Historians are familiar with the “Miracle of Dunkirk”: the fact that Hitler ordered a halt to the Nazi advance, allowing the British time to evacuate men from the port. Some argue that had the British been annihilated at Dunkirk, they would have surrendered to Germany. At any rate, saving all those men was obviously a huge boon for the Allies.
What’s less clear is the reason for the Nazi “halt” order. Some say it was given because Hermann Goering, head of the Luftwaffe, wanted a chance to demonstrate that air power could annihilate the enemy, and wanted ground forces to halt so eh could make his point. (Which he then failed to do.)
Others argue that the order was given because Hitler, being a megalomaniac, wanted to make it clear that he was the one in charge, and by ordering his generals to halt, he could demonstrate supreme authority.
Still others say it simply came down to a matter of logistics. German armor had advanced so far so rapidly that their supply lines were stretched too far, and they needed to stop to be re-supplied.
Still others argue it was because the Nazis, caught up in their pseudo-scientific, quasi-mystical racial delusions, saw the British as being of the same or similar “race”, and were reluctant to annihilate them, preferring they should surrender with few casualties and become part of the Aryan empire they envisaged.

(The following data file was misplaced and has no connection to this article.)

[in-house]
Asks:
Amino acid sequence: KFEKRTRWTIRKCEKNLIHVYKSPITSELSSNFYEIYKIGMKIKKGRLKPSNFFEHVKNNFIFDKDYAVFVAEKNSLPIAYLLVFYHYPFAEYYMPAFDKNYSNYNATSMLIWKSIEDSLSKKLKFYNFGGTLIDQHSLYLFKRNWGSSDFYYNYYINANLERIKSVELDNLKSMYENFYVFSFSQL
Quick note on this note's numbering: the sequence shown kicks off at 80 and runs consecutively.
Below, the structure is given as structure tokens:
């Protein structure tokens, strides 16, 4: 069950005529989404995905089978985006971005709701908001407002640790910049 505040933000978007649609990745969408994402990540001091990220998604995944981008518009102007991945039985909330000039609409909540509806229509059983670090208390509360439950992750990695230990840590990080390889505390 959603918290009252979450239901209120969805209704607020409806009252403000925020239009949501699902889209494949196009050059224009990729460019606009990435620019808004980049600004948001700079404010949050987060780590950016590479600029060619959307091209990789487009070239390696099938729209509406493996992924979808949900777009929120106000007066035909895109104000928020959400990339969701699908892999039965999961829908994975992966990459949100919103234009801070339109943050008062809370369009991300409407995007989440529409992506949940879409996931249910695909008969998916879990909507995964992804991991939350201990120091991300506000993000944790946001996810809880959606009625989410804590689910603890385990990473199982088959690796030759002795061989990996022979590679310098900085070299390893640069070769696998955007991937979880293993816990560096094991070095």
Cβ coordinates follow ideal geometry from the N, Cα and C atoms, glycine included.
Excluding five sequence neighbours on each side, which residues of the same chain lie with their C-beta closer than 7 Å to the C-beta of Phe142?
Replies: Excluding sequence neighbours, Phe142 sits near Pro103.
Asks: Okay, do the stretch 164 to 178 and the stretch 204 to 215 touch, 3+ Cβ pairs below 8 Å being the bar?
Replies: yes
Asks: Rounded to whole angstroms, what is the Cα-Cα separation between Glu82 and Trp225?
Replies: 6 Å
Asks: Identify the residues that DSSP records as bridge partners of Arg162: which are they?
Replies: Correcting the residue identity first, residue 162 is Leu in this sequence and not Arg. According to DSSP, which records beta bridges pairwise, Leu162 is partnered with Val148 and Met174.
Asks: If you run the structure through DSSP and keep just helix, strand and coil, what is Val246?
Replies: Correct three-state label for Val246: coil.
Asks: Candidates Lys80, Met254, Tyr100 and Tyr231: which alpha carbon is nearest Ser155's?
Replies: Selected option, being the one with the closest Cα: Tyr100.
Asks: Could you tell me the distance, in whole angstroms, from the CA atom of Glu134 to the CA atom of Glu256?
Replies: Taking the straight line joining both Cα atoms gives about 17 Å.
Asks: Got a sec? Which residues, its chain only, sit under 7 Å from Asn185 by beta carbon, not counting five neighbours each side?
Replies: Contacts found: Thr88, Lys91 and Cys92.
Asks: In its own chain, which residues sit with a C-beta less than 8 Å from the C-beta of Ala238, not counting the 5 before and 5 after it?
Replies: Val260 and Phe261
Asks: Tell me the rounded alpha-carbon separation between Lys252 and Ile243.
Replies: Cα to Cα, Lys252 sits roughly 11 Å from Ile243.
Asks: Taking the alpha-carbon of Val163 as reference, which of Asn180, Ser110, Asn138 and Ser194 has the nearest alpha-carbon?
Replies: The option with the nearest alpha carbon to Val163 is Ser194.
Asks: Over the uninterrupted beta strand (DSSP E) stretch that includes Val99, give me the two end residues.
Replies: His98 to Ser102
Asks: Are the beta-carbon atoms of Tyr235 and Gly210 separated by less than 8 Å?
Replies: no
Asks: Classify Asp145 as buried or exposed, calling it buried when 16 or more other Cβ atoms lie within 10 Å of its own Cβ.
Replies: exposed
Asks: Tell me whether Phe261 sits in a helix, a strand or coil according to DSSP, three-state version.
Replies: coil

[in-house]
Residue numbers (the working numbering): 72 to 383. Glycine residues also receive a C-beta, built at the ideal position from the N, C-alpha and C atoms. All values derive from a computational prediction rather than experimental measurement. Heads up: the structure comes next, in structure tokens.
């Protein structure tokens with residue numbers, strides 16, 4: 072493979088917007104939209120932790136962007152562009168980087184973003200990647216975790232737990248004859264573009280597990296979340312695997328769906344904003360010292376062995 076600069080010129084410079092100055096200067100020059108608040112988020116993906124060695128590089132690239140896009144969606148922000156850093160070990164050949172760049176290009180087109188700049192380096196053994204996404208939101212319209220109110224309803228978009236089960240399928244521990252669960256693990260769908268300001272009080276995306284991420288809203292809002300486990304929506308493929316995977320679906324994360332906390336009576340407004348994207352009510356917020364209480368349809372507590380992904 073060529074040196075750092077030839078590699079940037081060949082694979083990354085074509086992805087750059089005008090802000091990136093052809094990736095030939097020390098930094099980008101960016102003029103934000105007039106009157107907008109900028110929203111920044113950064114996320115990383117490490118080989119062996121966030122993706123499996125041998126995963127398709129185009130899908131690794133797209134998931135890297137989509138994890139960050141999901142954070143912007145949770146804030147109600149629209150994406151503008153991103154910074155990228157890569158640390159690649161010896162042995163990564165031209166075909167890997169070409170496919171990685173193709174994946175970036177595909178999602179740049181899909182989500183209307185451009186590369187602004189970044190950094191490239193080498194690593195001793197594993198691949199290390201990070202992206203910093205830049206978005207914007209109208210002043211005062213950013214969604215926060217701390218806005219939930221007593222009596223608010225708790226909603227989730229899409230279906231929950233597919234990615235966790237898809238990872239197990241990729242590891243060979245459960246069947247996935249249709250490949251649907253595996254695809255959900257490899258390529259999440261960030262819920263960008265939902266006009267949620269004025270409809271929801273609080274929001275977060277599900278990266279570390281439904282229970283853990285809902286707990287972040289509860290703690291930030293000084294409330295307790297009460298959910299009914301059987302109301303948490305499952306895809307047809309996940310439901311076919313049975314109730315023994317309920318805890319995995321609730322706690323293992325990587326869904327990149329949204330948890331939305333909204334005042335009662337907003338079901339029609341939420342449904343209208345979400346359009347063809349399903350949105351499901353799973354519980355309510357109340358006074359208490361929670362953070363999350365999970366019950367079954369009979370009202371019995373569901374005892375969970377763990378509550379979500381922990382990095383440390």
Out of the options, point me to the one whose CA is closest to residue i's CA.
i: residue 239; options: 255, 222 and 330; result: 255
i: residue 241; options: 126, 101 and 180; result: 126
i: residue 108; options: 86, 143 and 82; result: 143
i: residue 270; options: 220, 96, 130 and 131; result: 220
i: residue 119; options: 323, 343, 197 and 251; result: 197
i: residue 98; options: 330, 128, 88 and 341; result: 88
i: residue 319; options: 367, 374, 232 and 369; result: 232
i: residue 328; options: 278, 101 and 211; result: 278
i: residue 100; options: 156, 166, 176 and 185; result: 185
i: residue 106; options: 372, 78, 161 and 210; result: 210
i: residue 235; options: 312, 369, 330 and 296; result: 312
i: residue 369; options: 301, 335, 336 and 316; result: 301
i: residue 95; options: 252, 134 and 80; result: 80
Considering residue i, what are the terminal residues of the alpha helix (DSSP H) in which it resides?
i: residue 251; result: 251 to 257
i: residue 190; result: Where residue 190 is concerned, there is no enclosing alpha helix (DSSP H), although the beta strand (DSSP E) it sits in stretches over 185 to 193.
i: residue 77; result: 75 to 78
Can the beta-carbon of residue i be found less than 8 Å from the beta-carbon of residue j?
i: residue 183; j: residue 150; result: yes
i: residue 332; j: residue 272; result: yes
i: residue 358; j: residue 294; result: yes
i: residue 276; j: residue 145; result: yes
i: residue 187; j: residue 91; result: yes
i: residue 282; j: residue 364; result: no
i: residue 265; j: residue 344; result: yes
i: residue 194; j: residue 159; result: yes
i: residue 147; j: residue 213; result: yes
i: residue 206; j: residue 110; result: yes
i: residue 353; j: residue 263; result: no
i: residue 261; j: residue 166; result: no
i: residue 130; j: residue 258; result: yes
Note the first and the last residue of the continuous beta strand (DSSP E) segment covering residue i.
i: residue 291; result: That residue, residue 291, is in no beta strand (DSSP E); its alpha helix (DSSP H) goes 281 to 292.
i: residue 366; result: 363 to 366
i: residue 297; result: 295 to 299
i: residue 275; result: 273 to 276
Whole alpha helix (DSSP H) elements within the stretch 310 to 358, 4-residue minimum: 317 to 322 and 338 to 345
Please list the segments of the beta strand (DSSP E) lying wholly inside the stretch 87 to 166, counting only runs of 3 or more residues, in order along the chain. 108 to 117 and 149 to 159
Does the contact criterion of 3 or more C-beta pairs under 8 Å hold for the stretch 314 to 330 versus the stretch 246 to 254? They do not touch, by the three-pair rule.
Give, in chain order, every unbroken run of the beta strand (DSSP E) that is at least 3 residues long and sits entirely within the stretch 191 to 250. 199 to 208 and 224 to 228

Whatever the reason, the order was given, and it was obeyed. And that’s the part I find interesting.
The German advance through France had been led by the rather sinister-looking fellow pictured at right, Heinz Guderian. Guderian was famously a proponent of advancing very fast and unrelentingly surprising the enemy with speed. It’s probably partially thanks to his style that the term blitzkrieg got so famous.
Guderian was also not hesitant to ignore orders. Higher-ranking officers were shocked by just how quickly he was moving through France, and ordered him to halt. Guderian would ignore them and advance anyway, looking to press his advantage and not give the French time to regroup.
So, my question is: why did Guderian finally obey the order to halt at Dunkirk, when he had a golden opportunity? It seems wildly out of character for him. Was it simply that an order from Hitler himself he felt he had to obey? Had he in fact stretched his supply lines to the breaking point, and really was incapable of continuing to press the attack?
It’s nothing more than a footnote in the larger historical context, but it’s very interesting to me.